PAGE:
Noting the VCR’s counter-number, I returned to this section repeatedly in the course of the tape, using all or parts of Bonnie’s search and reaction while being careful that she was not in the preceding or following shots. The challenge was avoiding overuse of this device, since opportunities arose again and again.
This “running joke” approach seems to be very well received by viewers, perhaps because it involves them with the action on some level.
It’s their joke and they keep waiting and hoping for it to pop up again. You can probably find such material in almost everything you shoot.
Just don’t overdo it in the same tape, and don’t use it in every one you show.
Chances are you’ve already used this one if your VCR has an audio-dub function. It’s just that: an audio dub, usually music, over your video image.
This trick deserves mention here because it can often act as a trick, an audience-grabber. The difference between this effect and a simple music track is that we’re using audio to change the content of the scene or sequence, often ironically.
Dubbing the “Ride of the Valkyrie” over ordinarily mundane action like mowing the lawn or setting the table for dinner says, in effect, that some people take this activity more seriously than others.
Music with vocals can’t help but change or at least add to a tape’s content. For this reason, pay particular attention to the lyrics ofthe songs you plan to use. You can’t get any more home-movie sappy than my footage of a little girl playing with a puppy. But when I added John Lennon’s “Do You Wanna Dance?” I covered myself against the charge of having made “just another home video.”
Lou Reed’s “Take a Walk on the Wild Side” dubbed to roller-skaters in New York’s Central Park was another pleasant surprise.
If you’ve seen Prizzi’ s Honor you know this one. Remember the plane flying right to left (NY to LA) and left to right (LA to NY), shown several times during the film? That’s John Huston using one of the hoariest devices in the filmmaker’s arsenal-the “Vorkapitch device.”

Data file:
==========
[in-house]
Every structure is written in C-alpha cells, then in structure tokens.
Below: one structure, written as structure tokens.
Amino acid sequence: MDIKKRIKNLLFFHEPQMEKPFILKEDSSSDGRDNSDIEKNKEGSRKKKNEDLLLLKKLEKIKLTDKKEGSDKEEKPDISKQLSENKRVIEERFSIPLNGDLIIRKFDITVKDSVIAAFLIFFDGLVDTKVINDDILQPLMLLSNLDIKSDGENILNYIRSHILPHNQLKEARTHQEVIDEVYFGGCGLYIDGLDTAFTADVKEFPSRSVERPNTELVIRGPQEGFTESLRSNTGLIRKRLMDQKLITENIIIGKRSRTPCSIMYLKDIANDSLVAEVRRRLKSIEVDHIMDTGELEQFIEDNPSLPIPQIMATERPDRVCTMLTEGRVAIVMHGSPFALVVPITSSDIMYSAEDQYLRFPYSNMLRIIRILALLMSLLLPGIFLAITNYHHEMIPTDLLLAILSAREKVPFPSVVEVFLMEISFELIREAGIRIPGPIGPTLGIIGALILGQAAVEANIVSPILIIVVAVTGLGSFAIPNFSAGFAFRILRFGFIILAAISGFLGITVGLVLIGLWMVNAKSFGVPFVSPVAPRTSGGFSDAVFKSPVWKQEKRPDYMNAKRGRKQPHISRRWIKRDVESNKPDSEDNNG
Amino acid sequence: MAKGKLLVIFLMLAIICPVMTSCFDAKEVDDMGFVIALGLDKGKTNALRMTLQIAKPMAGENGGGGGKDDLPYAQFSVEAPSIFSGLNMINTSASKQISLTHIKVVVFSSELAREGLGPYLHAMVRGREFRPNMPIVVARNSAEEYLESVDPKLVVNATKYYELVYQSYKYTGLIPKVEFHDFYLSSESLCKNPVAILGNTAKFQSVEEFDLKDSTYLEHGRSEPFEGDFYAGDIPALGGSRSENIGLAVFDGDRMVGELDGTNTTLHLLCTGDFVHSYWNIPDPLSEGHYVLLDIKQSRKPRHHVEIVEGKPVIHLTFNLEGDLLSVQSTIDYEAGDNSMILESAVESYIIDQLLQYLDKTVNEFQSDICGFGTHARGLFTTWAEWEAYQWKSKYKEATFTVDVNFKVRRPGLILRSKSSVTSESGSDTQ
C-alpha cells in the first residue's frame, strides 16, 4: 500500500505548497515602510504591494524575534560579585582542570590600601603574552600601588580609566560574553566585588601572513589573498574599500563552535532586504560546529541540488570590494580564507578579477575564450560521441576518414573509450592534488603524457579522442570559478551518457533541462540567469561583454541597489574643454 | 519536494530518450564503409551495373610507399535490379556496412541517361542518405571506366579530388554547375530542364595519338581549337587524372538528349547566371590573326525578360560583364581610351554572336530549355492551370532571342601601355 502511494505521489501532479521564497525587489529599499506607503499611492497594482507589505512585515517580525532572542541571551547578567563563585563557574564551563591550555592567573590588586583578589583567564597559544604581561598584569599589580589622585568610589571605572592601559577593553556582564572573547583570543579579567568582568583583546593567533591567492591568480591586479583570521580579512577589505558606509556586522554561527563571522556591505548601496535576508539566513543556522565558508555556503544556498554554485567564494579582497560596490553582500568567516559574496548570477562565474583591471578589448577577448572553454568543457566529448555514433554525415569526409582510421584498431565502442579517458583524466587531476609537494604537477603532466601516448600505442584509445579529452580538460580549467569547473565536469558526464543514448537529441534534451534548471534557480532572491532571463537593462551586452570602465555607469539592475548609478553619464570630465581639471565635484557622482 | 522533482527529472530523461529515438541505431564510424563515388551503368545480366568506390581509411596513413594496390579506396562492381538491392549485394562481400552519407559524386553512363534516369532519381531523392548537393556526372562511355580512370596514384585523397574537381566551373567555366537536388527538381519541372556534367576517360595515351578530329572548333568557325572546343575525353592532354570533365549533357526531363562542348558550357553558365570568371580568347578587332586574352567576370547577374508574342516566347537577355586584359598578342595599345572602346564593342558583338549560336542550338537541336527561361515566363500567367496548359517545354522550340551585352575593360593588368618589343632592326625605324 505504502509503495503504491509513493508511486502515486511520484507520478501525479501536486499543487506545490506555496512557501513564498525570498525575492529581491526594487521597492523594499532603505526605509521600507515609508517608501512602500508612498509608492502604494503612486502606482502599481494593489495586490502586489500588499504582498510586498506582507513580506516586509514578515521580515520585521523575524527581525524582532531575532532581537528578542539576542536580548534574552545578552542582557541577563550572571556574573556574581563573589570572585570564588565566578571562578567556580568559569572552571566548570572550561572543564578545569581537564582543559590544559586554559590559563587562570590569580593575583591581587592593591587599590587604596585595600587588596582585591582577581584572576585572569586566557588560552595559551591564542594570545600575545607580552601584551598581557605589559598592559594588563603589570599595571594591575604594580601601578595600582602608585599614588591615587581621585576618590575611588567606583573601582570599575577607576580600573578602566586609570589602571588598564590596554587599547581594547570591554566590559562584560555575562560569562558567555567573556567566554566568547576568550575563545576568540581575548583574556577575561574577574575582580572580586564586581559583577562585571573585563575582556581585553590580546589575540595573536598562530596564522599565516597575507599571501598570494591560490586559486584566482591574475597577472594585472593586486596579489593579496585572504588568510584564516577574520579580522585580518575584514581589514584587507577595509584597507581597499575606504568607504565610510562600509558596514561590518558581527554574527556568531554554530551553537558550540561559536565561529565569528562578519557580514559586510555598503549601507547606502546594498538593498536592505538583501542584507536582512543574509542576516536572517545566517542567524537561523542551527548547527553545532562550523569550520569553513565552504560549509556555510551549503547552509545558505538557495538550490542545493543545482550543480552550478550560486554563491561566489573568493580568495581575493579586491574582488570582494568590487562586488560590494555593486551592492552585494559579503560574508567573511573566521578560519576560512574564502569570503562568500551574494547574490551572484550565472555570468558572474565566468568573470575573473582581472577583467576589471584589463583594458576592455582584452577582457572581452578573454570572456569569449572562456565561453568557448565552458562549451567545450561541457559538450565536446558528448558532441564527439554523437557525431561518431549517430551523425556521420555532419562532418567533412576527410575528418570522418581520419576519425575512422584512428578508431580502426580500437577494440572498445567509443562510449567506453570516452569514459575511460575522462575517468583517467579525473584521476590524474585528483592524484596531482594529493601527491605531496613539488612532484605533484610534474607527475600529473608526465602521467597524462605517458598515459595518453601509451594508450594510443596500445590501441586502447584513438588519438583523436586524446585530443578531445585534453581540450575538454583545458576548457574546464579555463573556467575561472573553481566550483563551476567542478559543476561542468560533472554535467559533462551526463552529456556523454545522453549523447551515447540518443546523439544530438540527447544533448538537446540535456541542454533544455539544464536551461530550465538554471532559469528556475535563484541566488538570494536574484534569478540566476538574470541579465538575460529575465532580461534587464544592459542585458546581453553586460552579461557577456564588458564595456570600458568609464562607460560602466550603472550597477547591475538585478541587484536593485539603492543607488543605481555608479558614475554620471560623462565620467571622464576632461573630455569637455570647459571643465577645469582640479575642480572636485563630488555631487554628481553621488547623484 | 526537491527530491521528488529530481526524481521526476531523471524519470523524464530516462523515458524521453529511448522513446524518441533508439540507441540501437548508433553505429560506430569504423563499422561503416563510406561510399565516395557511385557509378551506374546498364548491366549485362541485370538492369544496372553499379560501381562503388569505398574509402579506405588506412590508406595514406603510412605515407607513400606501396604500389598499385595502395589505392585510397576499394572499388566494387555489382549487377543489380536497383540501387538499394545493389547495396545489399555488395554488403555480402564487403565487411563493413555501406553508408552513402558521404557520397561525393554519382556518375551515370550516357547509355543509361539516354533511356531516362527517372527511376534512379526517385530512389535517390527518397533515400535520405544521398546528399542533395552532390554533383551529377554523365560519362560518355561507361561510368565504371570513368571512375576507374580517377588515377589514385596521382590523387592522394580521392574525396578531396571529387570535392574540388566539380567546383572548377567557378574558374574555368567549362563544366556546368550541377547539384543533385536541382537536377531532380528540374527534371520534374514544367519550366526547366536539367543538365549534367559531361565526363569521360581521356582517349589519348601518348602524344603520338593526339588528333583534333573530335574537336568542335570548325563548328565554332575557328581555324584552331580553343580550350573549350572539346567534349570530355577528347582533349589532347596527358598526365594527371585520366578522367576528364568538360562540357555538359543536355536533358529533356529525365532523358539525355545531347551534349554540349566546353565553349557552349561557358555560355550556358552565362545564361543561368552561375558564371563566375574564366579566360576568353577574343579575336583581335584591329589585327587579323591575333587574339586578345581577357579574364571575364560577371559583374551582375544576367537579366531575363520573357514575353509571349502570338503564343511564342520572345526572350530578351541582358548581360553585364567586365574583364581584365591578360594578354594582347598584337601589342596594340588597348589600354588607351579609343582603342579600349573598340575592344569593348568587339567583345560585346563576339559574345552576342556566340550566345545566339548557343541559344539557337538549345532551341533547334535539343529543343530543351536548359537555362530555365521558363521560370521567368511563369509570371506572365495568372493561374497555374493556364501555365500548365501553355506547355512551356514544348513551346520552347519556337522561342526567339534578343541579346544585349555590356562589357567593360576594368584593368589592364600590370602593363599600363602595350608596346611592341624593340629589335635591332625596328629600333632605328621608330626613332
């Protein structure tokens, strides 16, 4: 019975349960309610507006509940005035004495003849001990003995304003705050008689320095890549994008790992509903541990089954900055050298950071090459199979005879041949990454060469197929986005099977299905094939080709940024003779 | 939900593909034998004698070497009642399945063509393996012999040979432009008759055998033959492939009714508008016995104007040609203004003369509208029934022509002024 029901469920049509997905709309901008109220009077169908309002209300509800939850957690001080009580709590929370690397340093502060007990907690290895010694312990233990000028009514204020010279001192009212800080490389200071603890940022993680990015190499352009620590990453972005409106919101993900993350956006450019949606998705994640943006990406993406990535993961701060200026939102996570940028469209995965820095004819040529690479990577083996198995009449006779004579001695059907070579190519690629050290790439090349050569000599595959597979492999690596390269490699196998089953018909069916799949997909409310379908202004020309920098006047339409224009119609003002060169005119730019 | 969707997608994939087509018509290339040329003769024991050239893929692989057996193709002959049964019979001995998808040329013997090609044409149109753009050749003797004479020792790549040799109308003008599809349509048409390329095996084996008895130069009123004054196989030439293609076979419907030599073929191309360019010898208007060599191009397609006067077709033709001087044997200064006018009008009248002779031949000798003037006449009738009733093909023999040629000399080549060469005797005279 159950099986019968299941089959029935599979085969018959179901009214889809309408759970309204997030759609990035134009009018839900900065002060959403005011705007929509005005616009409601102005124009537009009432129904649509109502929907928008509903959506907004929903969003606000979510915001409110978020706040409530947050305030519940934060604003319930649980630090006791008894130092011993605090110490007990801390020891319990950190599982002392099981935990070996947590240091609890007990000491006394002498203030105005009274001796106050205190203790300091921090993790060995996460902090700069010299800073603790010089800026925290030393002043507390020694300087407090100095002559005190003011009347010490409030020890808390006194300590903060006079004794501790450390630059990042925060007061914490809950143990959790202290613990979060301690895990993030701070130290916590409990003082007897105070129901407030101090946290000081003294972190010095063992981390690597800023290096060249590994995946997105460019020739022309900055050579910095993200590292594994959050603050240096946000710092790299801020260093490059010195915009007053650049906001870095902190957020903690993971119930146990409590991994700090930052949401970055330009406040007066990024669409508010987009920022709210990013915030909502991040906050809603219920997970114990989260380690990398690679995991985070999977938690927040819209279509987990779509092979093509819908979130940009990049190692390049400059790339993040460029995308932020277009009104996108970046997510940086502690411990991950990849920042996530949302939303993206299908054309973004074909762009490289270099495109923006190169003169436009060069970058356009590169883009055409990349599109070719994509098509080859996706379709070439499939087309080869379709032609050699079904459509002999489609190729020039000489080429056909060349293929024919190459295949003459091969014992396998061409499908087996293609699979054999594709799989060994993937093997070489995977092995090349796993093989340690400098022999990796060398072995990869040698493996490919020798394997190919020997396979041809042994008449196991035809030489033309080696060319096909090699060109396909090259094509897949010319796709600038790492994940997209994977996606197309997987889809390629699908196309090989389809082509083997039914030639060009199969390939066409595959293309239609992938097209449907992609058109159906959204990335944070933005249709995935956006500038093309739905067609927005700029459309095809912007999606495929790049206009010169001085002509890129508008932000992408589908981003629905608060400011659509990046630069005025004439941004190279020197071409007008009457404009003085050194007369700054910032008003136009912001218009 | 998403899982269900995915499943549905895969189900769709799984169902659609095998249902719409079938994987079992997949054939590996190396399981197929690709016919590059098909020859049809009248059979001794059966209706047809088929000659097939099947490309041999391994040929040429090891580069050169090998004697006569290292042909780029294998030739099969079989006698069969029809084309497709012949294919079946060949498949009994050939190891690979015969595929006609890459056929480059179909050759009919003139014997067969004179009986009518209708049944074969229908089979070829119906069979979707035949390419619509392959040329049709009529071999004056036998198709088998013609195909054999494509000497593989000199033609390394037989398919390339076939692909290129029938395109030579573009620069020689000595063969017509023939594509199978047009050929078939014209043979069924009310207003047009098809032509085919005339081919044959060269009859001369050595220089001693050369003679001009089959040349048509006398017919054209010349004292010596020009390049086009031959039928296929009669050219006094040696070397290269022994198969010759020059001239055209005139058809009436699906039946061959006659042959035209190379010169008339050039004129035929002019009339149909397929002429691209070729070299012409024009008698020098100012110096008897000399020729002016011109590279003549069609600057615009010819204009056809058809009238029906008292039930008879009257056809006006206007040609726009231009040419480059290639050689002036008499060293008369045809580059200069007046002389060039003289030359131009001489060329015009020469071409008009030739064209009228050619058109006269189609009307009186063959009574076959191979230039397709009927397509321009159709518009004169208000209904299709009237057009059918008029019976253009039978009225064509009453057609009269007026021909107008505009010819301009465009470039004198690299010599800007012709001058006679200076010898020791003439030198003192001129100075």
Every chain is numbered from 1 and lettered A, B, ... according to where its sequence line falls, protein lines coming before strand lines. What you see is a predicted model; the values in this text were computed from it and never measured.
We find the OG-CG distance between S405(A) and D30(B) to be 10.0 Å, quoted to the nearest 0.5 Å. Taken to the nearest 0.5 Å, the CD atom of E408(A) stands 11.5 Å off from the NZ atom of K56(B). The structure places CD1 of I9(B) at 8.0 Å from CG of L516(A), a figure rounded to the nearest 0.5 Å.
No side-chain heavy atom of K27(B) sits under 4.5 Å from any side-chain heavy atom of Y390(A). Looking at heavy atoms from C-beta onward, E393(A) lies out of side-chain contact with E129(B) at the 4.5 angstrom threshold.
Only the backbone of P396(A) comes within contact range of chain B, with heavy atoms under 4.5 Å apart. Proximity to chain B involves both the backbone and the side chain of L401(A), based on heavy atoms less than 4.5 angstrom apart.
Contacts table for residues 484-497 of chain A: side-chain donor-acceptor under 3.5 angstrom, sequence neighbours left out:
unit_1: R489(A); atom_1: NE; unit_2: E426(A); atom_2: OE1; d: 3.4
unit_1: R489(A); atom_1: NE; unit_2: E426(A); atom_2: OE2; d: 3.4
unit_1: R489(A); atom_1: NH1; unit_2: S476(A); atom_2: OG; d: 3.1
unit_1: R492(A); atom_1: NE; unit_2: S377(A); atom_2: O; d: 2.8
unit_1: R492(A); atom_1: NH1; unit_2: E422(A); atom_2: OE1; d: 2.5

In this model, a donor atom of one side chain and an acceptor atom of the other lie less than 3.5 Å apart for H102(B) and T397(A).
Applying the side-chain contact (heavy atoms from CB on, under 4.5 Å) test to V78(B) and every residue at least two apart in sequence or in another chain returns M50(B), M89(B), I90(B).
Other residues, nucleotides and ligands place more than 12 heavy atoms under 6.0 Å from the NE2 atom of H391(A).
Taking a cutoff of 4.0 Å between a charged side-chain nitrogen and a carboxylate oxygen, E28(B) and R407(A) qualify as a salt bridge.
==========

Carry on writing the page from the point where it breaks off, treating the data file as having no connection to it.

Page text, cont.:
The first time we see the plane we think nothing of it; the second time we see it (it’s obviously the same piece of film reversed) there are a few chuckles in the audience. By the third time, everybody laughs.
In the ’20s and ’30s the Vorkapitch device was used to show passage of time or movement from place to place. It’s hard to find a crime or war movie made during that time without seeing pages flying off calendars, clocks ticking, or newspapers, conspicuously showing the date, hitting the pavement.
To show movement from place to place, we see wagon wheels, car wheels, and feet on pavement. For a change in direction, the image is reversed. For your own Vorkapitch device, simply tape a sequence again-from the opposite perspective.
Keep this trick in the back of your mind whenever you’re taping-as hackneyed as it is, it may prove useful.
Each of these four cheap tricks manipulates the viewer’ s expectancy level. After its second use, the audience anticipates it. (Audio counterpoint defies the expectancy level.)
Use these cheap tricks in original and creative ways, and your audience will share your pleasure.
Scott Lamb, an independent videomaker and freelance writer, teaches darkroom techniques to the underprivileged as a volunteer for the New York-based Rehabilitation Through Photography.